To remove the spiderettes, simply snip the stolon with the plantlet attached as close to the parent plant as possible. You can either discard them or propagate them to increase your plant collection.
If the plantlet roots come into contact with soil, they will establish themselves as an independent plant in the ground. Under the right conditions, plants can continue to grow and form a large mass of spider plants and spiderettes. The image below of my spider plants shows just how much they can spread. This collection came from two purchased spider plants I had to move outside because the cats kept chewing and damaging them (they’re non-toxic).
In some cases, if the roots of a spiderette come into contact with the soil, they will establish themselves in the ground, forming a new, independent plant. This can lead to a tangled, dense growth of spider plants, as multiple plants share the same space and resources.
Spider plants are one of the easiest plants to propagate and care for. However, sometimes problems develop with newly propagated plants.
Root rot can develop if the plant is overwatered. When soil becomes waterlogged, the excess water fills the spaces between soil particles that would otherwise contain air. These air pockets are essential for plant roots, as they provide the oxygen necessary for root respiration and nutrient uptake. As the roots are unable to obtain enough oxygen, they slowly suffocate.
Slow or stunted growth:
Growth problems can develop for several reasons. Inadequate light, insufficient nutrients or unsuitable temperature levels. Plant in bright but indirect light, such as a short distance from a window. Use a balanced fertiliser during the active growing season (spring and summer), and maintain temperatures between 18°C to 24°C (18°C to 24°C).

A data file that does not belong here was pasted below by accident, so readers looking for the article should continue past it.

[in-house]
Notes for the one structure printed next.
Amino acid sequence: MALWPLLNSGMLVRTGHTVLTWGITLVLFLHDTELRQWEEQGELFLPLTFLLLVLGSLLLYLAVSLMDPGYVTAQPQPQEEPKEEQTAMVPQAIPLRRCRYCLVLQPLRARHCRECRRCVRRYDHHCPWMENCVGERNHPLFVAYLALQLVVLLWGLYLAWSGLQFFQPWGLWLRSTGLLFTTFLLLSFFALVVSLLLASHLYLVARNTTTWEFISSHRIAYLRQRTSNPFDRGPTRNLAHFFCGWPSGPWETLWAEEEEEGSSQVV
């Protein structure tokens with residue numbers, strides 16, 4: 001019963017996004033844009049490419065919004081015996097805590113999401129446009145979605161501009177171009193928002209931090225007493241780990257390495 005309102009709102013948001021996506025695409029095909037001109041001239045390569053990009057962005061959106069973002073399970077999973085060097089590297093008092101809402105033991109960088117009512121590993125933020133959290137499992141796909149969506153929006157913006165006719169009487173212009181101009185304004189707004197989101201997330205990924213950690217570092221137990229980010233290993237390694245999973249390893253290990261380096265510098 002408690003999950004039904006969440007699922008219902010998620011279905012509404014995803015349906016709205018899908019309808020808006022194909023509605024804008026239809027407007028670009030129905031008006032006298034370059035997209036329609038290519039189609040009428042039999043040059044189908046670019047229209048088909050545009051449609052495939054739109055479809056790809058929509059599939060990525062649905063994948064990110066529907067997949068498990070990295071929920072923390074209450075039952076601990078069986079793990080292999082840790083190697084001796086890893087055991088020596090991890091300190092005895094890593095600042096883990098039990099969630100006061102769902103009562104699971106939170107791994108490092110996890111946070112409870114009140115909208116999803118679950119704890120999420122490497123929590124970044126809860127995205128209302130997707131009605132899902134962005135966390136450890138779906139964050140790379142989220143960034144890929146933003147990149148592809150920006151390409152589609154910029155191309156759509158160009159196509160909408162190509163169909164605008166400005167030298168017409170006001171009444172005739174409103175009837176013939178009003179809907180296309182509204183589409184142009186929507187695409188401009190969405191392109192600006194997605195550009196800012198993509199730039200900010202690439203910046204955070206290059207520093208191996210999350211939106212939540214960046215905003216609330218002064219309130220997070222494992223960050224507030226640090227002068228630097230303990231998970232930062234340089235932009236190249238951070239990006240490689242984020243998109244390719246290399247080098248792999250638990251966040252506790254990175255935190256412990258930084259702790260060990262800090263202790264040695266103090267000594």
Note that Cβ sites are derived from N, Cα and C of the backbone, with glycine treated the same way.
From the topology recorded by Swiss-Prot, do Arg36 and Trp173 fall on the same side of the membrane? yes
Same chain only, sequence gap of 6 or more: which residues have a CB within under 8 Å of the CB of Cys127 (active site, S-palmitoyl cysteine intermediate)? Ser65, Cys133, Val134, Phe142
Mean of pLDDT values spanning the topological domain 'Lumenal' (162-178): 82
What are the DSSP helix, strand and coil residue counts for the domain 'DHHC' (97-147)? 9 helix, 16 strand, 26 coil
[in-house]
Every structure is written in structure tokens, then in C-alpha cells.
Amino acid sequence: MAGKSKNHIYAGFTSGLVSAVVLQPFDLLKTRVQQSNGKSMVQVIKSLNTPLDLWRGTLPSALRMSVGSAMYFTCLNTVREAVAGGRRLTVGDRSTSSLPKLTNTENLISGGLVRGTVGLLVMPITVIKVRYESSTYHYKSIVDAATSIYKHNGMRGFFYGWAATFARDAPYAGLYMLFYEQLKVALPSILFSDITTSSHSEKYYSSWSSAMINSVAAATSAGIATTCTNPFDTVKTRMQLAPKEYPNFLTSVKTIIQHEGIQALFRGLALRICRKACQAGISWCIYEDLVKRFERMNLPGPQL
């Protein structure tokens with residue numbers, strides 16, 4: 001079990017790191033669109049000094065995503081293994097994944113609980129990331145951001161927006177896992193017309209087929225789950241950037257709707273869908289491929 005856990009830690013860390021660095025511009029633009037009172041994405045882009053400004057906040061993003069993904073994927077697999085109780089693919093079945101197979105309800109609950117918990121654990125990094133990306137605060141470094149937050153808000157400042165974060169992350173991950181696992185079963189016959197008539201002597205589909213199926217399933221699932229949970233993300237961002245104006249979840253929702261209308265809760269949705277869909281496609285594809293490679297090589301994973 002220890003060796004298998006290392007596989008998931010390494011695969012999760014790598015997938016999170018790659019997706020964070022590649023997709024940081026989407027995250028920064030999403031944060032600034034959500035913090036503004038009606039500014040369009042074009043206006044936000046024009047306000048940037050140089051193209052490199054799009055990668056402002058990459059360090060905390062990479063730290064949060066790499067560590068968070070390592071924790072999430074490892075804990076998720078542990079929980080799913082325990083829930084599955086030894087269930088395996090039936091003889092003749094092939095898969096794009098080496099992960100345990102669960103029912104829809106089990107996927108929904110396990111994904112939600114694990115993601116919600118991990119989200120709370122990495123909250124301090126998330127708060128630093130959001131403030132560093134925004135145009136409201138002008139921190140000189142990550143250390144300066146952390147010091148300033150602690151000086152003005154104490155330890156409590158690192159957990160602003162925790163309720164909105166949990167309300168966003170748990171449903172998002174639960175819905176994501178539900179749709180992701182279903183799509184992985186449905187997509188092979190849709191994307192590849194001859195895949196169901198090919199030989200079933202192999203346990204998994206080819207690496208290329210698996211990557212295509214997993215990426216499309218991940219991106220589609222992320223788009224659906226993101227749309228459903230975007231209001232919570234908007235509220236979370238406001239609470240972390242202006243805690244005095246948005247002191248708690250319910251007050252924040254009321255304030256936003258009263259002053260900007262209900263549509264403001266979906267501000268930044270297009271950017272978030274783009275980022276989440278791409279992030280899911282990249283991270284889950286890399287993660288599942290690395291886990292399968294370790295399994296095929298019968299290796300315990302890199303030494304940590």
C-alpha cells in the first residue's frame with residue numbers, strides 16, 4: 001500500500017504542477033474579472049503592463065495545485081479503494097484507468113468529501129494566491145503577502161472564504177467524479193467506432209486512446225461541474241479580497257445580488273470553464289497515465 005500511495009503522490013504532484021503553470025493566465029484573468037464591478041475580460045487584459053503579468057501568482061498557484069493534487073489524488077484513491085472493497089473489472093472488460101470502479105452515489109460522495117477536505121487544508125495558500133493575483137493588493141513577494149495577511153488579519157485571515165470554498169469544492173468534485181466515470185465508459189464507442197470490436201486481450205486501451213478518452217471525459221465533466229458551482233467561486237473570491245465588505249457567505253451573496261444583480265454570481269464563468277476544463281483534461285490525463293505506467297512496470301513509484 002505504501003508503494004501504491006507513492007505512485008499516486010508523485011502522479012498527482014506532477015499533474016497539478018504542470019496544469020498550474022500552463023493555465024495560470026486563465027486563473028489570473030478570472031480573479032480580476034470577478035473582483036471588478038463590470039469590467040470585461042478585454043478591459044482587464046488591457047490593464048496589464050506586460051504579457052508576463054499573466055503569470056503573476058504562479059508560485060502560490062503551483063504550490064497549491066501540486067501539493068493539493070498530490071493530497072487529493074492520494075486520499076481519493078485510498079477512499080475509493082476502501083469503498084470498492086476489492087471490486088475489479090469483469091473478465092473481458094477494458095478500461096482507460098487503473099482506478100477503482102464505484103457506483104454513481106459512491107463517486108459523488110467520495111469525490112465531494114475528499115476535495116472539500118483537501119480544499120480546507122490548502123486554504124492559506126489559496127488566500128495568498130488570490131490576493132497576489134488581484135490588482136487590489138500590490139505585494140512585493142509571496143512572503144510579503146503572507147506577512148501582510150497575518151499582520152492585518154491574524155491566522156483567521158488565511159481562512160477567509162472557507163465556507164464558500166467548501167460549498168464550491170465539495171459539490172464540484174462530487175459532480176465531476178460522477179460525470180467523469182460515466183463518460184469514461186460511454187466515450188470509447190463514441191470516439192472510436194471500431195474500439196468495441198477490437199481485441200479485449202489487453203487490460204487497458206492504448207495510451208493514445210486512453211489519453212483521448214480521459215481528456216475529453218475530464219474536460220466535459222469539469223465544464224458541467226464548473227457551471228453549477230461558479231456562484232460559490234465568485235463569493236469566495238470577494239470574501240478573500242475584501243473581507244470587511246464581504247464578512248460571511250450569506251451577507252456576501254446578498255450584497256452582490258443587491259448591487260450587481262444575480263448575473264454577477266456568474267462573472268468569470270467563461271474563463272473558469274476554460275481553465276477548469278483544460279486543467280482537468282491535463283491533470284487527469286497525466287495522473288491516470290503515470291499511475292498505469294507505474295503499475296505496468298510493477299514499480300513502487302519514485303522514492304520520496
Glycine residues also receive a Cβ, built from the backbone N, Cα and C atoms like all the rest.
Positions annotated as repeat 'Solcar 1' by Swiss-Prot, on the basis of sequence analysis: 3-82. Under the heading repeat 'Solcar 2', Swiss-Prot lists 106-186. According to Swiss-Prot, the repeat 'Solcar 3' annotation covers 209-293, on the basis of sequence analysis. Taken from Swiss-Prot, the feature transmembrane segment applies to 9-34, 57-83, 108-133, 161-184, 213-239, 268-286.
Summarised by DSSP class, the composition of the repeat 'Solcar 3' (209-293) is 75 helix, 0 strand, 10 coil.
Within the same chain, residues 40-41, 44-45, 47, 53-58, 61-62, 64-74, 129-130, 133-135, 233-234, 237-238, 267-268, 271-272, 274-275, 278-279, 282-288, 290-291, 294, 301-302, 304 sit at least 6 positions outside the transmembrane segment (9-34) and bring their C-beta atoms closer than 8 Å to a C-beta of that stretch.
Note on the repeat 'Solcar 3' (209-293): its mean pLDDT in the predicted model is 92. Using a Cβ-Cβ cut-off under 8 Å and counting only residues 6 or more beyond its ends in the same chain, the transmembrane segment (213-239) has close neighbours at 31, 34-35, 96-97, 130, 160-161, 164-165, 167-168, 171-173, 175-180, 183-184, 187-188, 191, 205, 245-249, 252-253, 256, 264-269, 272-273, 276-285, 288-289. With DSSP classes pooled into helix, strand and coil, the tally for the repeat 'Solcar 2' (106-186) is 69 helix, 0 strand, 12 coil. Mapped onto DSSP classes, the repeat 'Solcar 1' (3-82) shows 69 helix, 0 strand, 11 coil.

Yellowing or browning leaves:
Yellowing or brown leaves can occur due to under-watering or too much sunlight which will scorch the leaves. Fertilise with a balanced fertiliser and repot once every one or two years in a fresh potting mix.
- Spider plant propagation is easy via division or cutting spiderettes from the parent plant and placing them in soil or water.
- It can take 6 – 12 months for the plant to reach a good size after propagation and up to two years before it is large enough to produce spiderettes.
- Propagating plants is a great way to increase your plant population and provides free plants to keep or share with friends and family. Other easy-to-propagate plants include Boston Fern, String of Pearls, Snake plant, ZZ plant, Pothos, Dieffenbachia, Mini Monstera, Syngonium and Peace Lily.
- I recommend always keeping a few plastic pots from purchased plants as well as a collection of terracotta pots and potting mix so that you are always ready to propagate.
Julia is a writer and landscape consultant from Wollongong with a love of horticulture. She had been an avid gardener for over 30 years, collects rare variegated plants and is a home orchardist. Julia is passionate about learning and sharing her knowledge of plant propagation and plant toxicology. Whether it’s giving advice on landscape projects or sharing tips on growing, Julia enjoys helping people make their gardens flourish.